The detention centers where Europe-bound refugees are held are like Nazi concentration camps, Pope Francis said Saturday.
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"Refugee camps are concentration camps" because they are so overcrowded, the pontiff said.
He spoke during a special religious service on Tiber Island in central Rome, commemorating modern-day Christian martyrs.
In an off-the-cuff addition to his homily, Francis recalled meeting a man and his three children during a visit last year to a refugee camp on the Greek island of Lesbos.
The man told the pope that he was a Muslim whose Christian wife was slain before his eyes by "terrorists" after she refused to throw off her crucifix.
Francis did not mention the nationality of the man, and added: "I don't know if [he] was able to leave that concentration camp."
The pope led the service in St Bartholomew Basilica wearing a crimson stola that once belonged to Ragheed Aziz Ganni, a Chaldean priest killed in Mosul, Iraq, in 2007.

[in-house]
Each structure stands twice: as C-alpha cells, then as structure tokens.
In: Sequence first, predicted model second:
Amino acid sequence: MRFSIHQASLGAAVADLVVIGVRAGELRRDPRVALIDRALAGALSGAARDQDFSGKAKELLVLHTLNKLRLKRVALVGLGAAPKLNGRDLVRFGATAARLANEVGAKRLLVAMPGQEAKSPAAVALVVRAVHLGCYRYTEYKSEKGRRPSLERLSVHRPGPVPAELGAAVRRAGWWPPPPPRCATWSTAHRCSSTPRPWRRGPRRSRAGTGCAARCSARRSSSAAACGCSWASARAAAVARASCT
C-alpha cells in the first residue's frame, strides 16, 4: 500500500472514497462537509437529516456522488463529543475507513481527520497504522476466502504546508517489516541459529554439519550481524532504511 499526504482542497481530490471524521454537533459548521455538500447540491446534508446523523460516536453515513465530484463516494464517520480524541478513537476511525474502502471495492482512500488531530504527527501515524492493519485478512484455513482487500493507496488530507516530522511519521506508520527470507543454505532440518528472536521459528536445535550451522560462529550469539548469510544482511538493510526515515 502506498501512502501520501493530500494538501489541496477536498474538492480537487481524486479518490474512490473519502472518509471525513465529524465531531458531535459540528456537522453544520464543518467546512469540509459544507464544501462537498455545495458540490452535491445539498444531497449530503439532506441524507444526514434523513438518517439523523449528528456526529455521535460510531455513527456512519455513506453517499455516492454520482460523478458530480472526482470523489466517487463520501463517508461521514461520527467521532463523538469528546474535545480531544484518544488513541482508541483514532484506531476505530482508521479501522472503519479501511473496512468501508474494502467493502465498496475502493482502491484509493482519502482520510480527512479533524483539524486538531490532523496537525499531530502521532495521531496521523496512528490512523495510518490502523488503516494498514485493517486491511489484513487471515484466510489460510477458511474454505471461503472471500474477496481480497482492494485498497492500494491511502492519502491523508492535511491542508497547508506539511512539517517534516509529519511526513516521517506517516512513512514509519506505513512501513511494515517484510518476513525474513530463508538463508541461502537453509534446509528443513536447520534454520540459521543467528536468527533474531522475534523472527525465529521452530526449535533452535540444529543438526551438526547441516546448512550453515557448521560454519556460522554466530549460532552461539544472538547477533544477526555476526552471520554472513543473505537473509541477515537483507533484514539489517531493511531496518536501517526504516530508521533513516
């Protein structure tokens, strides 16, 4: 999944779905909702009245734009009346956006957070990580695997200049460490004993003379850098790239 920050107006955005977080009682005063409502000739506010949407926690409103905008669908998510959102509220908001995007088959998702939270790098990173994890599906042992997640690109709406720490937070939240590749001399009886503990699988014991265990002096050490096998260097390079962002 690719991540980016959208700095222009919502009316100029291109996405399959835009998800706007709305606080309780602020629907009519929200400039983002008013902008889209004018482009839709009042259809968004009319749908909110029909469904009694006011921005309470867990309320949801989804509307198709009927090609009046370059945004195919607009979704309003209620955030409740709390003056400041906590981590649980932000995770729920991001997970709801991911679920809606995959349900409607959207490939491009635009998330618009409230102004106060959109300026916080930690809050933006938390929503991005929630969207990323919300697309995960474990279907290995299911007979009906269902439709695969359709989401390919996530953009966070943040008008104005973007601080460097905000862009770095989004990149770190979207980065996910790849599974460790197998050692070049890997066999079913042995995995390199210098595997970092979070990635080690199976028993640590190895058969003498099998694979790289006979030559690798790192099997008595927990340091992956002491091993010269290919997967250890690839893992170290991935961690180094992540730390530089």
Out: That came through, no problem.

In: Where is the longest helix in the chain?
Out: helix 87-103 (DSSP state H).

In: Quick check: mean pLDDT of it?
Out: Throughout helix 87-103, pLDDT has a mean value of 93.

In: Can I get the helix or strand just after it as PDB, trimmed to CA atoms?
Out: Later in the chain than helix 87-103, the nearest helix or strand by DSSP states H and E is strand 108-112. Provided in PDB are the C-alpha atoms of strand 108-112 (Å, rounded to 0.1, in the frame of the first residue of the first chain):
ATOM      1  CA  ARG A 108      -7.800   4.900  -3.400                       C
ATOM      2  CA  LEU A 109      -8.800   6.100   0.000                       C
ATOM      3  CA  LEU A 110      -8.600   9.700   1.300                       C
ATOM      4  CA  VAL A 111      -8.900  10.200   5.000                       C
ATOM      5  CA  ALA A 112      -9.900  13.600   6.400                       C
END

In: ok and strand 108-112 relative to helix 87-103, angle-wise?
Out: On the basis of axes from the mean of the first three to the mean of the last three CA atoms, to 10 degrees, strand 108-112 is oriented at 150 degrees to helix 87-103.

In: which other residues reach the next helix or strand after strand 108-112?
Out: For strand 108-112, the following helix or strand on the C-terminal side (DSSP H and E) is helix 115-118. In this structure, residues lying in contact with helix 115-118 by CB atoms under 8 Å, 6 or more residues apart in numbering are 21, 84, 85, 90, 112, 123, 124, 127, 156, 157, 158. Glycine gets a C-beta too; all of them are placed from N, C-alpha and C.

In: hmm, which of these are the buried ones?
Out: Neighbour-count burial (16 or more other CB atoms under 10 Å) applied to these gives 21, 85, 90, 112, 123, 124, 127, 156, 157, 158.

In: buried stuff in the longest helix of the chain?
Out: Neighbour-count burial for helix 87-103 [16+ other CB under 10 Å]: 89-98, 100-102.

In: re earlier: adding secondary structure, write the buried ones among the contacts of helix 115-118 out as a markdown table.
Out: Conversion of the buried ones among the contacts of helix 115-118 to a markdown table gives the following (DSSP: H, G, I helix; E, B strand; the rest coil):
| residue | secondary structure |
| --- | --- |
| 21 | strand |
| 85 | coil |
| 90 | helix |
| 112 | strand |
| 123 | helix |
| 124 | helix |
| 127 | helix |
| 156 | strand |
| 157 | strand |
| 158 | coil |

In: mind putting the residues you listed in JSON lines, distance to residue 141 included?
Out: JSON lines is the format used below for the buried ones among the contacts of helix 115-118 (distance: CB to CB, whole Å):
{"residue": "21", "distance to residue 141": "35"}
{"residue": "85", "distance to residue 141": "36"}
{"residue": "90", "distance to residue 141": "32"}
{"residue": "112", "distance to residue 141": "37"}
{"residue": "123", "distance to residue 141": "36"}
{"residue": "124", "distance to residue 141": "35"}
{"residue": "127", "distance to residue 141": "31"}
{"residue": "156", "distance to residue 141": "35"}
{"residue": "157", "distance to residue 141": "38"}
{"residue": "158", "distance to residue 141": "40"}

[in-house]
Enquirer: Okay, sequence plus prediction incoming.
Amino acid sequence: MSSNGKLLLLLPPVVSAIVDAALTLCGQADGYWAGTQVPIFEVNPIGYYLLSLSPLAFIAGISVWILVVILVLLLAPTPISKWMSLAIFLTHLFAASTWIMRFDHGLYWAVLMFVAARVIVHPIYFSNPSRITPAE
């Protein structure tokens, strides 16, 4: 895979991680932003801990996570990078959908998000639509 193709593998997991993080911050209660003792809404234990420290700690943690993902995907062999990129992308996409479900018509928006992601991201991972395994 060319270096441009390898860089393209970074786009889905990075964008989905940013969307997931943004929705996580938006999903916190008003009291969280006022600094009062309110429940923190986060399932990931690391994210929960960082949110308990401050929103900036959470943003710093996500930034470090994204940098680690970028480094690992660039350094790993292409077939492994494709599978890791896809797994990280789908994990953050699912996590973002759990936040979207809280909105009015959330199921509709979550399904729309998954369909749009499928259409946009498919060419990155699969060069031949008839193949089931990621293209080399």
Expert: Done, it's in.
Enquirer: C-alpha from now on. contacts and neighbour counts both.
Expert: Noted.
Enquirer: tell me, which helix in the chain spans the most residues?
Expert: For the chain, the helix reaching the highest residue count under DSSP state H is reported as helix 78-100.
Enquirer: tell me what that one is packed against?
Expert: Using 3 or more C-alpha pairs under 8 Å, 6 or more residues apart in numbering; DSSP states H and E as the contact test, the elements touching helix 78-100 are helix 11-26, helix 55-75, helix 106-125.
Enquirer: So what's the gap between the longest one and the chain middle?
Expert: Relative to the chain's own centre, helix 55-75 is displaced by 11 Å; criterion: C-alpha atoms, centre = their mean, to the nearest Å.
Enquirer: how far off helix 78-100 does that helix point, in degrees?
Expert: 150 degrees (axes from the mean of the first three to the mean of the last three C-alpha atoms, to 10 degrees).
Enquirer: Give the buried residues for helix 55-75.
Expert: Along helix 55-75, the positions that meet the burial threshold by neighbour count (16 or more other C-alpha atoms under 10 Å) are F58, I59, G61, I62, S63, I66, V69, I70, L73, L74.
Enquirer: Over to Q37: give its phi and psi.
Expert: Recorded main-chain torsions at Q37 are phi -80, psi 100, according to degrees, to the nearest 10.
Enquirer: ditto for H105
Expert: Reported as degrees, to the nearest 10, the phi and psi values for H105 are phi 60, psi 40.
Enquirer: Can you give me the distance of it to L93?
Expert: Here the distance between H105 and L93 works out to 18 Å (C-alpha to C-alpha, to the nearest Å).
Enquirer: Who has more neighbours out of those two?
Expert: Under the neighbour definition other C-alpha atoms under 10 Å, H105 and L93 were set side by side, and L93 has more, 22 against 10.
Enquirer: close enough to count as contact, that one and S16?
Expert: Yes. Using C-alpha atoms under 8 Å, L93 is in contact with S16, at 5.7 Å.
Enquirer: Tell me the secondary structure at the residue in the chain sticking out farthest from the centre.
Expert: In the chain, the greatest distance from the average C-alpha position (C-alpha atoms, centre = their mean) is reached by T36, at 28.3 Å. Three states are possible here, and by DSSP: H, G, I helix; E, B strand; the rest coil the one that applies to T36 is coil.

Francis called martyrs "the living blood of the Church."
Before his homily, friends and relatives of slain Christians - including the sister of Father Jacques Hamel, an 86-year-old priest killed in France last year in an Islamist attack - spoke before a packed congregation.
The service was held in the run up to Francis' April 28-29 visit to Egypt, a country where Christians are under threat. Earlier this month, at least 45 people were killed following an attack on two Coptic Churches claimed by the Islamic State terror militia.